It is with great sadness that we share the peaceful passing of Hugh Campbell Barrett III on February 23, 2021. A former resident of Darien and Greenwich, Connecticut, and most recently Savannah, Georgia, Terry, as he was known to all, was born on October 22, 1943 in Orange, New Jersey to Hugh Campbell Barrett Jr. and Virginia Griggs Barrett (later Virginia Griggs Riggs). Raised by his mother and step-father, Thomas J. Riggs Jr., in Shaker Heights, Ohio and Providence, Rhode Island, Terry attended the Moses Brown School and went on to graduate from Harvard University in 1965. Following Harvard, Terry continued his dedication to scholarship by obtaining his doctorate in Organic Chemistry from the Massachusetts Institute of Technology in 1969 and then his law degree from Stanford Law School in 1972. Upon graduation from law school, Terry returned to the Northeast and began a distinguished career as a litigator. Terry was part of the initial group of patent lawyers with chemical/biotech Ph.D.s that developed important parts of the patent law in what was then a fledgling biotech industry. As a pioneering Ph.D./J.D. practitioner, Terry specialized in trying the most complex patent litigation disputes in courts across the United States and was part of some of the defining cases of that era. A brilliant scientist himself, Terry shone at explaining complex scientific concepts to judges and juries, using his considerable charm to translate chemical formulas and arcane statutes into winning cases.
Terry was an extraordinary lawyer, but his interests and accomplishments transcended the law. A true renaissance man and committed autodidact, Terry explored and became expert at a variety of diverse passions. As his friends and family will attest, he refused merely to dabble in hobbies, instead driving himself to become a true master at each of his pursuits. Perhaps his greatest endeavor was his music, particularly the guitar, which he pursued throughout his life—mastering classical acoustic technique by studying Andres Segovia, moving on to jazz guitar guided by the work of Les Paul and Django Reinhardt, playing in various rock bands (including most recently through his weekly gigs with his dear friend Ray Williams playing standards at retirement homes in Savannah), and even detouring to become an expert in the 5-string banjo according to the stylings of Earl Scruggs. A fierce competitor, Terry also excelled at sports and games. He loved tennis, but was perhaps even more comfortable in his beloved pool halls, where his fellow players (and legions of his law-firm summer associates) quickly learned that a tournament-level billiards champion hid behind his lawyerly facade. Finally, no story of Terry would be complete without mention of his special love for and skill at the Rubik’s Cube. First introduced to the puzzle in the early 1980s as a member of the trial team that litigated the many patent disputes against its early knock-offs, Terry soon trained himself to solve the cube in record times, including an unofficial best of 65 seconds (record-class for the 1980s-era cubes), impressing the client, juries, and his family at every turn.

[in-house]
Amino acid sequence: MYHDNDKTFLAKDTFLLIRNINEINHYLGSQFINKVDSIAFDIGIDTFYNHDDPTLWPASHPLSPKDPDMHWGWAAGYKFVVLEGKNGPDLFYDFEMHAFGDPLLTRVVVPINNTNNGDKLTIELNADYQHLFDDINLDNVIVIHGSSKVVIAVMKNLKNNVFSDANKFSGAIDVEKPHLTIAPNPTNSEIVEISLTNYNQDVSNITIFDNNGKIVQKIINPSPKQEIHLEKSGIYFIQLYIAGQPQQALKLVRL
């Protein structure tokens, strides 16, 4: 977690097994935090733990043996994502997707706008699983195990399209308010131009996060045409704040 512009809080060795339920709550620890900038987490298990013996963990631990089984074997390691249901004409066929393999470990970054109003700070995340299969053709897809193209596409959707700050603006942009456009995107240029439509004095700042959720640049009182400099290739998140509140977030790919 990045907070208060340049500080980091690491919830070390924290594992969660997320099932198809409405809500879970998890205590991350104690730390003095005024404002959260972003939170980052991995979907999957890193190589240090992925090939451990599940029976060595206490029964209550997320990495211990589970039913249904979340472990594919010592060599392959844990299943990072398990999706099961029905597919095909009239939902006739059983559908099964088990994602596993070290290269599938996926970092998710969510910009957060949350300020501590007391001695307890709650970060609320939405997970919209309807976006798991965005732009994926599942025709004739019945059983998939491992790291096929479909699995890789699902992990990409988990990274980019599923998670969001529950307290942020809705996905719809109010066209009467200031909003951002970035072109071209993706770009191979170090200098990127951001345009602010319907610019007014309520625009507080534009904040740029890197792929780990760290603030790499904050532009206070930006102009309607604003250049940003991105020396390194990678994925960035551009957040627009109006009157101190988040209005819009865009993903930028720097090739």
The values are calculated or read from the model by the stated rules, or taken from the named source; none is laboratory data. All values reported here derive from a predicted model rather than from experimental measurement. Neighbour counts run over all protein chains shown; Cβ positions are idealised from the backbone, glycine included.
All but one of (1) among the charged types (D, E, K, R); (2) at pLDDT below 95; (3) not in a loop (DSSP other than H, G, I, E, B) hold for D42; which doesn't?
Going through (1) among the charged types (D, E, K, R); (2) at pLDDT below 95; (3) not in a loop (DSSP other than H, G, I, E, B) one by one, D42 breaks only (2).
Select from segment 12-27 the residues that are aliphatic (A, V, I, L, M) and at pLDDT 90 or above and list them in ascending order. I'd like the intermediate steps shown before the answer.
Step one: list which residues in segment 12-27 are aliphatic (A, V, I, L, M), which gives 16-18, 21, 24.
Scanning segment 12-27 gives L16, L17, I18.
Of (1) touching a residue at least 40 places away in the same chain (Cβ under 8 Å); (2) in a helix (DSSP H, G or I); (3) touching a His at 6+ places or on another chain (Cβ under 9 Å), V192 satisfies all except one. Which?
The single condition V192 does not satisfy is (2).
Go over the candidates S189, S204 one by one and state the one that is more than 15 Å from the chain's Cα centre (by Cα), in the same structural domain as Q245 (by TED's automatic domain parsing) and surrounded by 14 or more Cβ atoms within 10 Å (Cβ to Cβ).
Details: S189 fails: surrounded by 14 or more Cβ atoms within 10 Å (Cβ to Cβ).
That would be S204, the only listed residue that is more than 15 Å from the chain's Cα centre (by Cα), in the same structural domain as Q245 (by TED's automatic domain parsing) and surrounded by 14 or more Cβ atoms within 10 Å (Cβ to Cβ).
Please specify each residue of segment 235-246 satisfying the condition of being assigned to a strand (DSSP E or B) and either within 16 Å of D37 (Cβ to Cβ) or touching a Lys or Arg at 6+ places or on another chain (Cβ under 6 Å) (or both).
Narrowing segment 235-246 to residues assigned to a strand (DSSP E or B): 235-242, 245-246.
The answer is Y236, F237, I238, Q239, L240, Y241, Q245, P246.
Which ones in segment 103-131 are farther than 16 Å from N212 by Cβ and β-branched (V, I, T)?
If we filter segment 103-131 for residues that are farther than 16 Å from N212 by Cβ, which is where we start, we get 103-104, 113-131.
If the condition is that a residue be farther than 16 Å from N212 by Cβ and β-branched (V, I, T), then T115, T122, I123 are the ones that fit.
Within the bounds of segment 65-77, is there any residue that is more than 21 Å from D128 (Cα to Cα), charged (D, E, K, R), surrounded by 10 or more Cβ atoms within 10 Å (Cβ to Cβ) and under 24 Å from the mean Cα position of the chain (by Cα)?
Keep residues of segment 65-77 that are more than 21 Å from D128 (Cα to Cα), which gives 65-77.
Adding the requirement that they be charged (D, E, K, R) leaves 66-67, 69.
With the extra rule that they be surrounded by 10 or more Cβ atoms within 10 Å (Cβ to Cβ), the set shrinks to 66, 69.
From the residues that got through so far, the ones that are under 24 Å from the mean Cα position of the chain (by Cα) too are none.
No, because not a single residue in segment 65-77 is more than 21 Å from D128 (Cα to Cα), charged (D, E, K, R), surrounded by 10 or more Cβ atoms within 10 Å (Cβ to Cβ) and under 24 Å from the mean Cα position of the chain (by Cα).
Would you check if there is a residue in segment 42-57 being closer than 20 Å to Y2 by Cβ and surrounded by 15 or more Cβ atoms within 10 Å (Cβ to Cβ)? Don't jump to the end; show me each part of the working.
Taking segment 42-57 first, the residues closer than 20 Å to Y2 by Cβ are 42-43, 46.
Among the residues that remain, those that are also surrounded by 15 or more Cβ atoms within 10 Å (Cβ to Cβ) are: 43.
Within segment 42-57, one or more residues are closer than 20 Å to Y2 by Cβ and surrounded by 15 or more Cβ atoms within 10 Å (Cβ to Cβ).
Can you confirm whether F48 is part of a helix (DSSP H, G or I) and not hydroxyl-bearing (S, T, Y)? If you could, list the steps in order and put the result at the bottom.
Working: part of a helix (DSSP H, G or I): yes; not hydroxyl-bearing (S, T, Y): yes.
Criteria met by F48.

Terry is survived by his beloved wife Patricia; his children Jennifer Barrett (Kevin Reed) and Campbell Barrett (Suzanna Tamminen); his five grandchildren, T.J. and Campbell Killian, and Hugh, Chris, and Silas Barrett; and his siblings, Barbara Barrett Powers, Geoffrey G. Riggs, Robin R. Riggs, Rory B. Riggs, Merry Murray Meade, and Lindsay Barrett George.
A family memorial to honor Terry’s life is being planned for when circumstances permit. Donations in Terry’s honor may be made to The Cancer Research Institute, whose pioneering work into immunotherapy is something Terry appreciated as both a scientist and a patient. (https://www.cancerresearch.org/join-the-cause/donate/one-time-donation) For more information on their innovations, please see https://www.cancerresearch.org/immunotherapy/cancer-types/lung-cancer.Print This Obituary & Condolences